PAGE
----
Welcome to the wonderful world of breastfeeding! As you may have heard breastfeeding is the recommended way to feed your baby. The AAP (American Academy of Pediatrics) recommends “exclusive breastfeeding for about the first six months of a baby’s life, followed by breastfeeding in combination with the introduction of complementary foods until at least 12 months of age, and continuation of breastfeeding for as long as mutually desired by mother and baby.”
There are many reasons to breastfeed your child:
- It is the perfect food for your baby
- It’s free and always available
- It protects you and your baby from certain types of cancer and other health problems
- Babies have less gas and constipation
These are just a few, but please check out the website listed below for more information.
- The best time to start breastfeeding is within the first hour after your baby is born. Ideally baby’s should be snuggled up with their moms and doing skin to skin contact soon after delivery. I often wait to do any of my exams or even check the baby’s weight if the family wants start breastfeeding ASAP.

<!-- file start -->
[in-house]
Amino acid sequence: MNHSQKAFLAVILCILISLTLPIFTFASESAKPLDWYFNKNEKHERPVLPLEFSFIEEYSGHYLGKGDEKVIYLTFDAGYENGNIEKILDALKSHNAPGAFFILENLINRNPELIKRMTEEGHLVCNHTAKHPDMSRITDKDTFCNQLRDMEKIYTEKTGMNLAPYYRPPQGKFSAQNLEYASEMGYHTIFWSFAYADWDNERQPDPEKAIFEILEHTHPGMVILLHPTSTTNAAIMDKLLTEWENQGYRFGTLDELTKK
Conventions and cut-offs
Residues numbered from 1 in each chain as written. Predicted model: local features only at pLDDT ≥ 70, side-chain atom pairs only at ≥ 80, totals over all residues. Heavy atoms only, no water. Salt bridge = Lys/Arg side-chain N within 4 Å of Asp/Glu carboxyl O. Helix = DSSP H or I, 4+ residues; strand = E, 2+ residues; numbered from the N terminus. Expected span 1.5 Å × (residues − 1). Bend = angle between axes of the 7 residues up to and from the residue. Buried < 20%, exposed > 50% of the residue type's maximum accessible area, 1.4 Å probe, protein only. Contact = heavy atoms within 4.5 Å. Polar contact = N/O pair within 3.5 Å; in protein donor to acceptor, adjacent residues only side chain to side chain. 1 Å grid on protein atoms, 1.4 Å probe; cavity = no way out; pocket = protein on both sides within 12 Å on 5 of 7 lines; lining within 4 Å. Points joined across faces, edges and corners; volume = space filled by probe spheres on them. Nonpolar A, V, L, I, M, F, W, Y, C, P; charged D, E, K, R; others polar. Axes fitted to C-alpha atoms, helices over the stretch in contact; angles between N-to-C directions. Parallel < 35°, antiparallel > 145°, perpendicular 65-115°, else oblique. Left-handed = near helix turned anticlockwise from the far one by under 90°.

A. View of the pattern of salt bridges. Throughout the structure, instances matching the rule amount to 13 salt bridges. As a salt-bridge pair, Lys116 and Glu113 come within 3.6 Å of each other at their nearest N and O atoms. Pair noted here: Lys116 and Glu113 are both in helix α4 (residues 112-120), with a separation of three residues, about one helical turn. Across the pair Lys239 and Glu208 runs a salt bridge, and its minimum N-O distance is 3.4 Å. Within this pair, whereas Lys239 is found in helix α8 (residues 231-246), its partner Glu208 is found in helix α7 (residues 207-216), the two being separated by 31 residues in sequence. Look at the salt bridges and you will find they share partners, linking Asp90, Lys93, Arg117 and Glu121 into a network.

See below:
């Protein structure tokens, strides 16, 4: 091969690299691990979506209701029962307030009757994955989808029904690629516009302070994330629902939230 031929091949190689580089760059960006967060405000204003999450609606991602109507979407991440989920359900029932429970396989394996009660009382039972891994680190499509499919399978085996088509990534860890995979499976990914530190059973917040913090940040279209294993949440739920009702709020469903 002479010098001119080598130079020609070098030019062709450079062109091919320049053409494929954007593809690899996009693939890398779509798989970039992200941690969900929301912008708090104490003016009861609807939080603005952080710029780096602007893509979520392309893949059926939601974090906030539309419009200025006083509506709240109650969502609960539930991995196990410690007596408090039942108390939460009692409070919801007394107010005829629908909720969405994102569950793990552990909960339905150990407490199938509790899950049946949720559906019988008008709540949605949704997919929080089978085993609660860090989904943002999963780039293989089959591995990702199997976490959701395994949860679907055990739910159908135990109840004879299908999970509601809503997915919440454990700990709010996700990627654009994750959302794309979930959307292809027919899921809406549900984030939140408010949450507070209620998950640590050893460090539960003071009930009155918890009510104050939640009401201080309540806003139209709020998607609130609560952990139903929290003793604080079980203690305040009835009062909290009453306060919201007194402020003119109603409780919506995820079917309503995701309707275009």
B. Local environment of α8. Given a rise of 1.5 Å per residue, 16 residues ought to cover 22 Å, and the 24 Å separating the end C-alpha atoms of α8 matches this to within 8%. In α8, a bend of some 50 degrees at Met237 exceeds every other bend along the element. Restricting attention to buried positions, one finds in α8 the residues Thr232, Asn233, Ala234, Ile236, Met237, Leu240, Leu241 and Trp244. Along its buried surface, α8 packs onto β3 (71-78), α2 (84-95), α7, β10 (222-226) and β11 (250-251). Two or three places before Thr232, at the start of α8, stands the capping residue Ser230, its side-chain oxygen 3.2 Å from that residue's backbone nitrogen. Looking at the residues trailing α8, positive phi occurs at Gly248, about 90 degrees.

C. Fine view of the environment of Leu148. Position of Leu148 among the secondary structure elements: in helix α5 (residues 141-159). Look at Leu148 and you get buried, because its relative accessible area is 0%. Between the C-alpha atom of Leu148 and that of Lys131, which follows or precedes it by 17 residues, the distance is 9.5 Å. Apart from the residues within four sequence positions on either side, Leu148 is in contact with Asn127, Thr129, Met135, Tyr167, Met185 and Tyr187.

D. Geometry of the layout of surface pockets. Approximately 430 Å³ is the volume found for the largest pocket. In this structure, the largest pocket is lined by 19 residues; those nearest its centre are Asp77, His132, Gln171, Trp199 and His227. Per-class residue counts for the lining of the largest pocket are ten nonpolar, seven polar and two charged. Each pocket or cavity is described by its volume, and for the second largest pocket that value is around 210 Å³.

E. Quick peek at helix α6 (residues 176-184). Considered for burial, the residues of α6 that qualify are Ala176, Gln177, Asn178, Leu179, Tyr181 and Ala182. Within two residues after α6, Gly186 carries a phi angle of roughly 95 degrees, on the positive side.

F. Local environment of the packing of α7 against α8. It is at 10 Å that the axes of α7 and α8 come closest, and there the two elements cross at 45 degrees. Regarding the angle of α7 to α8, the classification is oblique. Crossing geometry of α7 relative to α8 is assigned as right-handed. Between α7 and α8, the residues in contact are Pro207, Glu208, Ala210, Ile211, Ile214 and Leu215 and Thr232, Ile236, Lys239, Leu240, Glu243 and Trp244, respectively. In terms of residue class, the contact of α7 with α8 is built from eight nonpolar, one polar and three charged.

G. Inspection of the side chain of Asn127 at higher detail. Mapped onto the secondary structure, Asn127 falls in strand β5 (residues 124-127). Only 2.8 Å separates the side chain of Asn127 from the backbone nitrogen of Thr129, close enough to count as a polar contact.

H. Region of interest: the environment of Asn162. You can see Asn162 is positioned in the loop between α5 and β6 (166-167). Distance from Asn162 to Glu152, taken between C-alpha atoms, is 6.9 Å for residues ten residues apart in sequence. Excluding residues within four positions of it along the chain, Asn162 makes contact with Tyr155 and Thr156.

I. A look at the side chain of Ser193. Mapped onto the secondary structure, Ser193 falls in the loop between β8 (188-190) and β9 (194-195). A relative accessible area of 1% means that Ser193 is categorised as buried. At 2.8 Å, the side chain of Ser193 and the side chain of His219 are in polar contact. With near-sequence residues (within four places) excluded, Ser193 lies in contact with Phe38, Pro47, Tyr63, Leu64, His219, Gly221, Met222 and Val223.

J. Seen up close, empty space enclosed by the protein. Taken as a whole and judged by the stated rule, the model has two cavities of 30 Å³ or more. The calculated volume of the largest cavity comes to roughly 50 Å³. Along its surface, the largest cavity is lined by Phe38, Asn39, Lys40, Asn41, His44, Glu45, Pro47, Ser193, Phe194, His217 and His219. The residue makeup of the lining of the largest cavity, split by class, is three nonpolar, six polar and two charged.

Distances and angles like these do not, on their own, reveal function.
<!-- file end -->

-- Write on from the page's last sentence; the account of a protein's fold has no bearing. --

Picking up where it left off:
- Each breastfeeding experience is different for every mother baby combo. Some babies are champion feeders right away, but some babies take a little longer to perfect their breastfeeding skills. My best piece of advice to all moms: DON’T GIVE UP and BE PATIENT!!
- At the hospital, the nursing staff will help you get started and answer many of your questions. Lactation consultants are also available to help.
- Latch is important. A good latch is important to ensure that baby will be able to draw out enough milk from the breast and will also prevent sore nipples
- Does breastfeeding hurt? In the beginning many women experience a strong pulling feeling when baby first starts a feeding. This is very normal and usually only lasts for a few minutes. If you experience extreme pain during the entire feeding then baby might have a poor latch. After a few weeks of breastfeeding most women don’t have any discomfort at all.